If Guentzel keeps up this ridiculous pace, expect his name to be in serious consideration for the Conn Smythe Trophy.

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Watch: Subban, Malkin engage in awkward fight late in Game 2

It was more of an extended hug than a fight, but Evgeni Malkin and P.K. Subban did their best to fire up their respective squads Wednesday night.

The Pittsburgh Penguins forward and the Nashville Predators defenseman got up close and personal after a stoppage with the Penguins leading by three late in the third period in Game 2 of the Stanley Cup Final.

Malkin landed a blow to Subban's face while the two were being separated, and the Nashville blue-liner got some punches in near the end, but the prolonged hug is how people will remember this one.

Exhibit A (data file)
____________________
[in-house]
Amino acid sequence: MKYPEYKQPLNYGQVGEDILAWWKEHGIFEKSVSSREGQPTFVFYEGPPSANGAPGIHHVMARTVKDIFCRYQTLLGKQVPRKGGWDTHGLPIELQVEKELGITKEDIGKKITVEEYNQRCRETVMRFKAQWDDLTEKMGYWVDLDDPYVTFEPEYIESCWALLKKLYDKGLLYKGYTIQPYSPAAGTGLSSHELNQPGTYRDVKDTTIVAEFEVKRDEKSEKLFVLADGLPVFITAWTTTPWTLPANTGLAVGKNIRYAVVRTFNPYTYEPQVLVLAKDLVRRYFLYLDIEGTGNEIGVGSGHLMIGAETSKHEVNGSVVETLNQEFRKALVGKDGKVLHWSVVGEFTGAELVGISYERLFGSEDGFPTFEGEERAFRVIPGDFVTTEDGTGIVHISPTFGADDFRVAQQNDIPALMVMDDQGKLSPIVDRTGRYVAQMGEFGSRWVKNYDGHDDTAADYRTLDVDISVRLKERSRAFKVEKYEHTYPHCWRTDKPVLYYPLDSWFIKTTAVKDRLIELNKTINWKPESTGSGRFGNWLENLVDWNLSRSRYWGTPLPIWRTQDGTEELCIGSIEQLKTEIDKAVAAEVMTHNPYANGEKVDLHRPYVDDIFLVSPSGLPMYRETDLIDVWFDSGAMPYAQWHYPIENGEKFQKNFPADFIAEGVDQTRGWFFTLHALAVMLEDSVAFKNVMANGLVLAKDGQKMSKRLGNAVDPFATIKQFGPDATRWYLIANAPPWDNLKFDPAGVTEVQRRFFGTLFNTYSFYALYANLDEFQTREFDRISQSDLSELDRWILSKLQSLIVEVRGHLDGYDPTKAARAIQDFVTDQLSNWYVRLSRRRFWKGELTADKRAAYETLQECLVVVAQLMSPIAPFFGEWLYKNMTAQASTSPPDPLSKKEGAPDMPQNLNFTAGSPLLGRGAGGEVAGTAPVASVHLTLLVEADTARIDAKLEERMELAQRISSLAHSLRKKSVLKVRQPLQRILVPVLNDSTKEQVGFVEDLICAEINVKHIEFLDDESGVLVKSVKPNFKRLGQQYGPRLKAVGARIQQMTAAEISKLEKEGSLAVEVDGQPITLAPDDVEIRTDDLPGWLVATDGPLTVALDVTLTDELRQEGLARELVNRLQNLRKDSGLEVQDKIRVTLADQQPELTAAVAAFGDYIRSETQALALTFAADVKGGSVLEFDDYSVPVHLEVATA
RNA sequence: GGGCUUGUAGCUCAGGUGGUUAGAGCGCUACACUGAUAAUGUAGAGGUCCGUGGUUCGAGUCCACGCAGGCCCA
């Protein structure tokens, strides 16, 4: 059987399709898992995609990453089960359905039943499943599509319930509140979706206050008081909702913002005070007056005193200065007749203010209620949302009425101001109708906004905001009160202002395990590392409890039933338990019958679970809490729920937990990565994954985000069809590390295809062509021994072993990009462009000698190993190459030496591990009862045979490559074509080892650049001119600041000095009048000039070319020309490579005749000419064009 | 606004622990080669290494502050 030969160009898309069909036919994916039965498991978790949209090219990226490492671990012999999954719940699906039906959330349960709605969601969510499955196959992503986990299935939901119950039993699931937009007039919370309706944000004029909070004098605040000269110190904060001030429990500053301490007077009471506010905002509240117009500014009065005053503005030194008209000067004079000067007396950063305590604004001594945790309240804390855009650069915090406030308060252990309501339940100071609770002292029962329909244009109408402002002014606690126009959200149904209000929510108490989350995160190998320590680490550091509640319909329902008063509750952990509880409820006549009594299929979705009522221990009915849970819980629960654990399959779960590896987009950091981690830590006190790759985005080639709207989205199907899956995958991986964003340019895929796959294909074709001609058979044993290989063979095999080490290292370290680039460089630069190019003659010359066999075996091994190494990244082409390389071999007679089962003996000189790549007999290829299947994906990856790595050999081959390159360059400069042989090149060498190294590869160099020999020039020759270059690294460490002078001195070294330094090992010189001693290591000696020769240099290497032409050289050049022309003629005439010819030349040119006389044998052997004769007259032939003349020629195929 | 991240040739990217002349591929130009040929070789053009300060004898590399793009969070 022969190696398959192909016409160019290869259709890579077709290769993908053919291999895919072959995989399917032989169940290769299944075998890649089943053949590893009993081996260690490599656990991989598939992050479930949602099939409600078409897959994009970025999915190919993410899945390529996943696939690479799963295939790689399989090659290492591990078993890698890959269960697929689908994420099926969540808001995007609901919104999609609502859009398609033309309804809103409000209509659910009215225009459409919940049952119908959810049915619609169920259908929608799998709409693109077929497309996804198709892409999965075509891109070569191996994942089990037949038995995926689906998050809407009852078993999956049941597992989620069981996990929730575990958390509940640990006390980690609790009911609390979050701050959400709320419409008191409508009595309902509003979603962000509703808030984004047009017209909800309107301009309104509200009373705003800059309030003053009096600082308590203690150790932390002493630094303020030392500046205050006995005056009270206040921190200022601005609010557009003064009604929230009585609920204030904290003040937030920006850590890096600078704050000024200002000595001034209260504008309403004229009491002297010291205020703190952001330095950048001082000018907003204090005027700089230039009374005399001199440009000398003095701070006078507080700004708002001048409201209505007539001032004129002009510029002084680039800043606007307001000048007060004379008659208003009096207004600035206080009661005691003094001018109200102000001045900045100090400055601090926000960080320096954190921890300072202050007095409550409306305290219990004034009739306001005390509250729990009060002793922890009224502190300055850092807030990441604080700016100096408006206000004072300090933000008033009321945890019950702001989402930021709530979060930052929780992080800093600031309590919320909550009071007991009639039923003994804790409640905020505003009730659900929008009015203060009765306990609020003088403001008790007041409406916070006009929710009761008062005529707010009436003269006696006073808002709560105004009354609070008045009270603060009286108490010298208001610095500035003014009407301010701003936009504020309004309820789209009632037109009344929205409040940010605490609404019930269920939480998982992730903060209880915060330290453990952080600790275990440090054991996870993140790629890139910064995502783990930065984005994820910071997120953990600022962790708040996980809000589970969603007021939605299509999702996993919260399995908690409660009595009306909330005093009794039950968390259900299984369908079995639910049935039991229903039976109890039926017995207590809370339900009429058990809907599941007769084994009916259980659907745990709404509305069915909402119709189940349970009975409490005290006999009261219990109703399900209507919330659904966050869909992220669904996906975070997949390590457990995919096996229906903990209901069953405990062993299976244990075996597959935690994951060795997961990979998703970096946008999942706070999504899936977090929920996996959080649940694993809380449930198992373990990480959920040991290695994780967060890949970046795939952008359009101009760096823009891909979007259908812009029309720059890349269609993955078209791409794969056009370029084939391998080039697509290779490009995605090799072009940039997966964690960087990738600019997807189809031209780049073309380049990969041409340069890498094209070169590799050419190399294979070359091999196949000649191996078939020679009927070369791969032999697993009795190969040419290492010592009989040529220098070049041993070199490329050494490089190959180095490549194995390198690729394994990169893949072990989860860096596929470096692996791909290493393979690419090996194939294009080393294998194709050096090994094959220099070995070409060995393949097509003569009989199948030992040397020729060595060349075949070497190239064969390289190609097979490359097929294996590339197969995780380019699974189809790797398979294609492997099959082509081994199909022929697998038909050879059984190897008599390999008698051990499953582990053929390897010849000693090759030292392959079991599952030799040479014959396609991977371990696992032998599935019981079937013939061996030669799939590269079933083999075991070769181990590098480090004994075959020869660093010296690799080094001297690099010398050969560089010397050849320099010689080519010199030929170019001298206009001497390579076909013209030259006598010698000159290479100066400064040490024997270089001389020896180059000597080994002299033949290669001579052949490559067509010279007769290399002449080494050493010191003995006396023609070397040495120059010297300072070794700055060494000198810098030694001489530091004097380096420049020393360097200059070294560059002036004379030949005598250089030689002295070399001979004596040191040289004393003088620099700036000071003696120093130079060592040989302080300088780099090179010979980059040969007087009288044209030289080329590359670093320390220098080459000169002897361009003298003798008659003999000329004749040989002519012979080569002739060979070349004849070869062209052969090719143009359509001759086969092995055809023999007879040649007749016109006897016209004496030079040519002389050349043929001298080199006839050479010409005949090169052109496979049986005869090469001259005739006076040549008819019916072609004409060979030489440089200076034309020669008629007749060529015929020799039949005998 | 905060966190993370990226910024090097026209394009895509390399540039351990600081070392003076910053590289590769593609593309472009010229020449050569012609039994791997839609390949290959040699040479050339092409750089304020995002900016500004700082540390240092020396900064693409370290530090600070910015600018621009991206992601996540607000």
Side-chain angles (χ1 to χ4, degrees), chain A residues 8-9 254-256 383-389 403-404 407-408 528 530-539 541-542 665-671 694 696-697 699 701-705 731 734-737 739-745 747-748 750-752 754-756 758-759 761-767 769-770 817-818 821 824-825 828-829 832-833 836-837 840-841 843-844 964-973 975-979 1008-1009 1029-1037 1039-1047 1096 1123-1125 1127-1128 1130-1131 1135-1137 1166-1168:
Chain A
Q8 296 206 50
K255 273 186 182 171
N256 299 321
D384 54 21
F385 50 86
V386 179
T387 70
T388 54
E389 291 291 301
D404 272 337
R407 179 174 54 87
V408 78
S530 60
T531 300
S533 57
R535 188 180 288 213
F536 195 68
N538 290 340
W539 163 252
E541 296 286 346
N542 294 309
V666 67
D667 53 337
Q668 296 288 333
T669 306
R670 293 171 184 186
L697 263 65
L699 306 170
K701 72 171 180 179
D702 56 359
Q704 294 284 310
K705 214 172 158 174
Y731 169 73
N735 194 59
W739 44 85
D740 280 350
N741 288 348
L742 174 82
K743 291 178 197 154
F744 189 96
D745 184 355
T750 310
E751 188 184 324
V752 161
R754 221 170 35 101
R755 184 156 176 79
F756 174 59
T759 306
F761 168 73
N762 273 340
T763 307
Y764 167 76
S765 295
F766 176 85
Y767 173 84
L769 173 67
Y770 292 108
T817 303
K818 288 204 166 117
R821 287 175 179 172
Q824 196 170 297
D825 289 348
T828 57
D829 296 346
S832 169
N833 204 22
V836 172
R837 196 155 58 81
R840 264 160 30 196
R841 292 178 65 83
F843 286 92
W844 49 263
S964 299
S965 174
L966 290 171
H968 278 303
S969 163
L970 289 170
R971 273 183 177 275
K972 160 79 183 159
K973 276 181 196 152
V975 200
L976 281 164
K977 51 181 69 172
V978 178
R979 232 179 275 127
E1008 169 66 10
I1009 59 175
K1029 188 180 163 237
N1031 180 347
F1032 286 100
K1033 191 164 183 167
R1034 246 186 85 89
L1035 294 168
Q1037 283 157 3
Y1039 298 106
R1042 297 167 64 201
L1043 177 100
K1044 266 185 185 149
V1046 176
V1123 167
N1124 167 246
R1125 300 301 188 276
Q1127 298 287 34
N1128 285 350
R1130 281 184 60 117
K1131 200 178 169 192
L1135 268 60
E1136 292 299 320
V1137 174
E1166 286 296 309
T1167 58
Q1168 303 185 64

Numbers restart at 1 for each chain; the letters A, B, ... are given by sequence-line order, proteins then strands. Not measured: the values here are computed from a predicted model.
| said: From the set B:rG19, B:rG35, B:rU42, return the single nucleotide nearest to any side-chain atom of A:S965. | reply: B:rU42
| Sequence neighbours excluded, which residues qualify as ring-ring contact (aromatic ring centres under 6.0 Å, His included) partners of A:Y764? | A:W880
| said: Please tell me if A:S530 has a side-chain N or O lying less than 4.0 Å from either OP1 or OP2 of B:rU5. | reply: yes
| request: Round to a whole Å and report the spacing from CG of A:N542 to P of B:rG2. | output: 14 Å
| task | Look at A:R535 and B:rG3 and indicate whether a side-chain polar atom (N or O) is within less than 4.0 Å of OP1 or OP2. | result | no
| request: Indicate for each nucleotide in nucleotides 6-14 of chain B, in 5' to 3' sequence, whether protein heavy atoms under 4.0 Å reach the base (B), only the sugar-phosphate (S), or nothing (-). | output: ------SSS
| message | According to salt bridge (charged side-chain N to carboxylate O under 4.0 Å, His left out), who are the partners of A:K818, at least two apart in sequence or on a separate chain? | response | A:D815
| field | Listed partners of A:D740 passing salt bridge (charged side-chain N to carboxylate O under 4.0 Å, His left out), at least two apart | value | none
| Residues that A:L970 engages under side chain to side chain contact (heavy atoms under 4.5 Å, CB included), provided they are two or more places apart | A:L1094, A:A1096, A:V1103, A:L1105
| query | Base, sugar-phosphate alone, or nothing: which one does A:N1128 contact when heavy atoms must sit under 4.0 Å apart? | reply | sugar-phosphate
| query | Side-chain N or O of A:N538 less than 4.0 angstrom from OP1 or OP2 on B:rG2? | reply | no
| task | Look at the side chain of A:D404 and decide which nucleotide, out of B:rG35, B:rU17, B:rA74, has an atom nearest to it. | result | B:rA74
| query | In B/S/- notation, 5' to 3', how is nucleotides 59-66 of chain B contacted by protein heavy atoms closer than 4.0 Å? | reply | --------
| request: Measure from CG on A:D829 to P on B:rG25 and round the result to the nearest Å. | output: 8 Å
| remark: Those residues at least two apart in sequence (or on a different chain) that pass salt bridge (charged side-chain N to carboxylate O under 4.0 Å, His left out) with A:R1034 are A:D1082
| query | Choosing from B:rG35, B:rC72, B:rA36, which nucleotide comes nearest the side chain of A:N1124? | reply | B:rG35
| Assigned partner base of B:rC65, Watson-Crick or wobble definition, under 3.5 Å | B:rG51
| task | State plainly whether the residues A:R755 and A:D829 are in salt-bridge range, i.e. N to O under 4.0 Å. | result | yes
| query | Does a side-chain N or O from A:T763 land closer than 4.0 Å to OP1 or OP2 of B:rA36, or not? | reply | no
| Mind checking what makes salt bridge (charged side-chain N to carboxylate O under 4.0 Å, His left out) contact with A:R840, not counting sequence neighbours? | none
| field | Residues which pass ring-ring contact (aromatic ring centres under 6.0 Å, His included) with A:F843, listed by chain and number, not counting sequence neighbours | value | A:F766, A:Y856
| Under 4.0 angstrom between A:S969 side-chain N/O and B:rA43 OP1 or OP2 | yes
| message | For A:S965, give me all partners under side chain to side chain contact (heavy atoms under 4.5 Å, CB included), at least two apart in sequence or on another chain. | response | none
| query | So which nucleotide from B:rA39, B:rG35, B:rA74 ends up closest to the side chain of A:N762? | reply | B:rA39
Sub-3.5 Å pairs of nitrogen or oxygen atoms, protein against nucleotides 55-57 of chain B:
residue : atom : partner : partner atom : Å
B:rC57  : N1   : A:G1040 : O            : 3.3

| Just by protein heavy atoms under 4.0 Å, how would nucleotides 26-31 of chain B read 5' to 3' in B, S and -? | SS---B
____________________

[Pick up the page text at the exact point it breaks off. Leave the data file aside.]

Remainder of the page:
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Rinne pulled after allowing 3 quick 3rd-period goals

The Nashville Predators opted to pull netminder Pekka Rinne early in the third period of Game 2 on Wednesday night, after allowing three goals in the first 3:28 of the final frame, creating a 4-1 deficit.

Rinne was replaced by Juuse Saros, who's making his first-ever postseason appearance.

The 34-year-old Rinne entered Game 2 of the Stanley Cup Final with sterling postseason numbers - a 1.83 goals against average and .934 save percentage in 17 games.

However, after allowing four goals on 11 shots in Game 1, the troubles continued for Rinne versus the Penguins, as goals from Jake Guentzel, Scott Wilson, and Evgeni Malkin ultimately chased him from the contest.

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Watch: Titans, catfish slam beers for Predators